Why does Chiara think that embracing Jesus in his suffering is a good choice and not equal to passive resignation? It is because of the mystery of the death and resurrection of Christ.
The death of Jesus on the cross wasn’t only a historical event, but a mystery that is relived every time we surrender to it out of love; trusting that death and resurrection aren’t separate events but connected, even if we can’t see it.
And we share this with all of creation: death embraced brings new life.
Recognizing and naming every face of Jesus Forsaken
In one of her talks from 1972, Chiara Lubich talks about how the abandoned Jesus on the cross has also synthesized within himself all types of undesired emotions. She suggests that when we encounter these undesired emotions, we could name them as we experience them and recognize in them the different “disguises” in which the crucified Jesus appears to us.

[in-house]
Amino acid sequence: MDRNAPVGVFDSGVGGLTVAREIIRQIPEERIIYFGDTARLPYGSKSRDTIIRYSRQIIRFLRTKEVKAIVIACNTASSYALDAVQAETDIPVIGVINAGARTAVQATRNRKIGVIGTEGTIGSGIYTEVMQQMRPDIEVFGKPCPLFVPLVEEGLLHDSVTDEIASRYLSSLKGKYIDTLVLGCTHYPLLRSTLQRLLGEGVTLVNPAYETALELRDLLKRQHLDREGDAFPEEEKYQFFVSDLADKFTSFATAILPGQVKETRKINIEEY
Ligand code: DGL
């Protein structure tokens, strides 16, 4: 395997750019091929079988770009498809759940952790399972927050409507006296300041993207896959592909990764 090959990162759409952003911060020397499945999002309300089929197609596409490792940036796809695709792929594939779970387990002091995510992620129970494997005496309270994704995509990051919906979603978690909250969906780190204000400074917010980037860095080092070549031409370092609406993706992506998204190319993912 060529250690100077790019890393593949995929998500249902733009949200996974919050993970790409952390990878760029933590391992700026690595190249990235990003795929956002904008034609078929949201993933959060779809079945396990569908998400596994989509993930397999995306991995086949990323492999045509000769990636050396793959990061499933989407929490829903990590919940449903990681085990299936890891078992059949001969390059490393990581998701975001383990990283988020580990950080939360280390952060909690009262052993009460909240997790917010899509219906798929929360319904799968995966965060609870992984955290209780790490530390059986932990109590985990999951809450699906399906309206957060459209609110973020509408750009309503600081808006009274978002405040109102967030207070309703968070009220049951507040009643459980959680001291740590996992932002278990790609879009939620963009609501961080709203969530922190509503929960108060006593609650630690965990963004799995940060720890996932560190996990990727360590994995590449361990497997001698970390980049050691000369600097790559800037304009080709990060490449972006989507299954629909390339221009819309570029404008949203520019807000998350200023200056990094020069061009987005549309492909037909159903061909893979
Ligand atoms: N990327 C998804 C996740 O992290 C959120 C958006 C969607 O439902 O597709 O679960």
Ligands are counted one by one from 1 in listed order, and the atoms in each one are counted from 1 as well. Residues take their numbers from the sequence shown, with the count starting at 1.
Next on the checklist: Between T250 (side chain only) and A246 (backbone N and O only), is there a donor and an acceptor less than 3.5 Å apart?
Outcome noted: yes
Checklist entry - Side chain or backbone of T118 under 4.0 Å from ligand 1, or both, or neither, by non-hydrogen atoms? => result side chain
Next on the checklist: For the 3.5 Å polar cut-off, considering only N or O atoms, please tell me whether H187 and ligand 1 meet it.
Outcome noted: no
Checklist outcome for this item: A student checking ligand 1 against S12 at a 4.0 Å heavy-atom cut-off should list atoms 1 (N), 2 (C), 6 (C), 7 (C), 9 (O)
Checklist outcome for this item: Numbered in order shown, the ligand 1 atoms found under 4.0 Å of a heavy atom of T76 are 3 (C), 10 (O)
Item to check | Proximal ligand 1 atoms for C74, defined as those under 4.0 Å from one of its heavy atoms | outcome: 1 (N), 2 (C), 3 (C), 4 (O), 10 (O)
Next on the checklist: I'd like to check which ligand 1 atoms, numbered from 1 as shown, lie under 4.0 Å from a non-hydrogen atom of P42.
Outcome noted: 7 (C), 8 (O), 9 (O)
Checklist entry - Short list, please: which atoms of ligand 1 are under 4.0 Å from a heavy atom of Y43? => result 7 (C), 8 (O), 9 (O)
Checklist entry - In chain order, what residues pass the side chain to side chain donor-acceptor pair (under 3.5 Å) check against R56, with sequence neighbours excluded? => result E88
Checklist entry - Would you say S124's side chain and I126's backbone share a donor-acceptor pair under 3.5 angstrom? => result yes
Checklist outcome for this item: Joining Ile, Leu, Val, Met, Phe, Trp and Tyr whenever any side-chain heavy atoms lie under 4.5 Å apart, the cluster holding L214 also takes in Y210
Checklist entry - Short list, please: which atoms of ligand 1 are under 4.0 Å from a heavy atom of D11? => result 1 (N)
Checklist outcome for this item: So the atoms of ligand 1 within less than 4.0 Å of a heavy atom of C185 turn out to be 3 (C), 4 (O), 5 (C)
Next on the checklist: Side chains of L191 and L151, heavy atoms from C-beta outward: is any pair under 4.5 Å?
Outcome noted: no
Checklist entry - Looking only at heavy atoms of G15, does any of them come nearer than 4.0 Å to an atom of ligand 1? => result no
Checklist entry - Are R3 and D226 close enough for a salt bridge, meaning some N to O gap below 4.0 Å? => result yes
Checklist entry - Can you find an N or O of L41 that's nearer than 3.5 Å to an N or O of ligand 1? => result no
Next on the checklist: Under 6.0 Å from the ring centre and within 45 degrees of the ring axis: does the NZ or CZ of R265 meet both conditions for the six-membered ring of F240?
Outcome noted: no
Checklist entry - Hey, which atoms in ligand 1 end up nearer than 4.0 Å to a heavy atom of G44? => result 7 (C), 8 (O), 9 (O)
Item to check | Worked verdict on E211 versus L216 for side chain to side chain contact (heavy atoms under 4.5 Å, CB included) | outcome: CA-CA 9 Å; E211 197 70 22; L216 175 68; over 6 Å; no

Instead of suppressing the emotion or passing its charge on to others, Chiara invites us to name it as the “disguise or clothing” in which Jesus appears to us (shame, anxiety, anger, betrayal…) to allow it to be there and with this, permit God to transform it.
Experience shows that an authentic understanding of the “different disguises” in which the abandoned Jesus clothes himself allows us, as a consequence, to grow emotionally and spiritually.
Recognizing, embracing and, as Chiara says, “loving Jesus Forsaken” is not an exercise, however, to make us feel better. It brings us to a deeper union with God and others.
It frees us from our preoccupation with ourselves. It allows us to relieve suffering, to recognize disunity and to take concrete steps on the road to realizing what Jesus prayed for before his death: “That they may all be one. As you, Father, you are in me and I am in you” (Jn 17:21).
First published in New City, London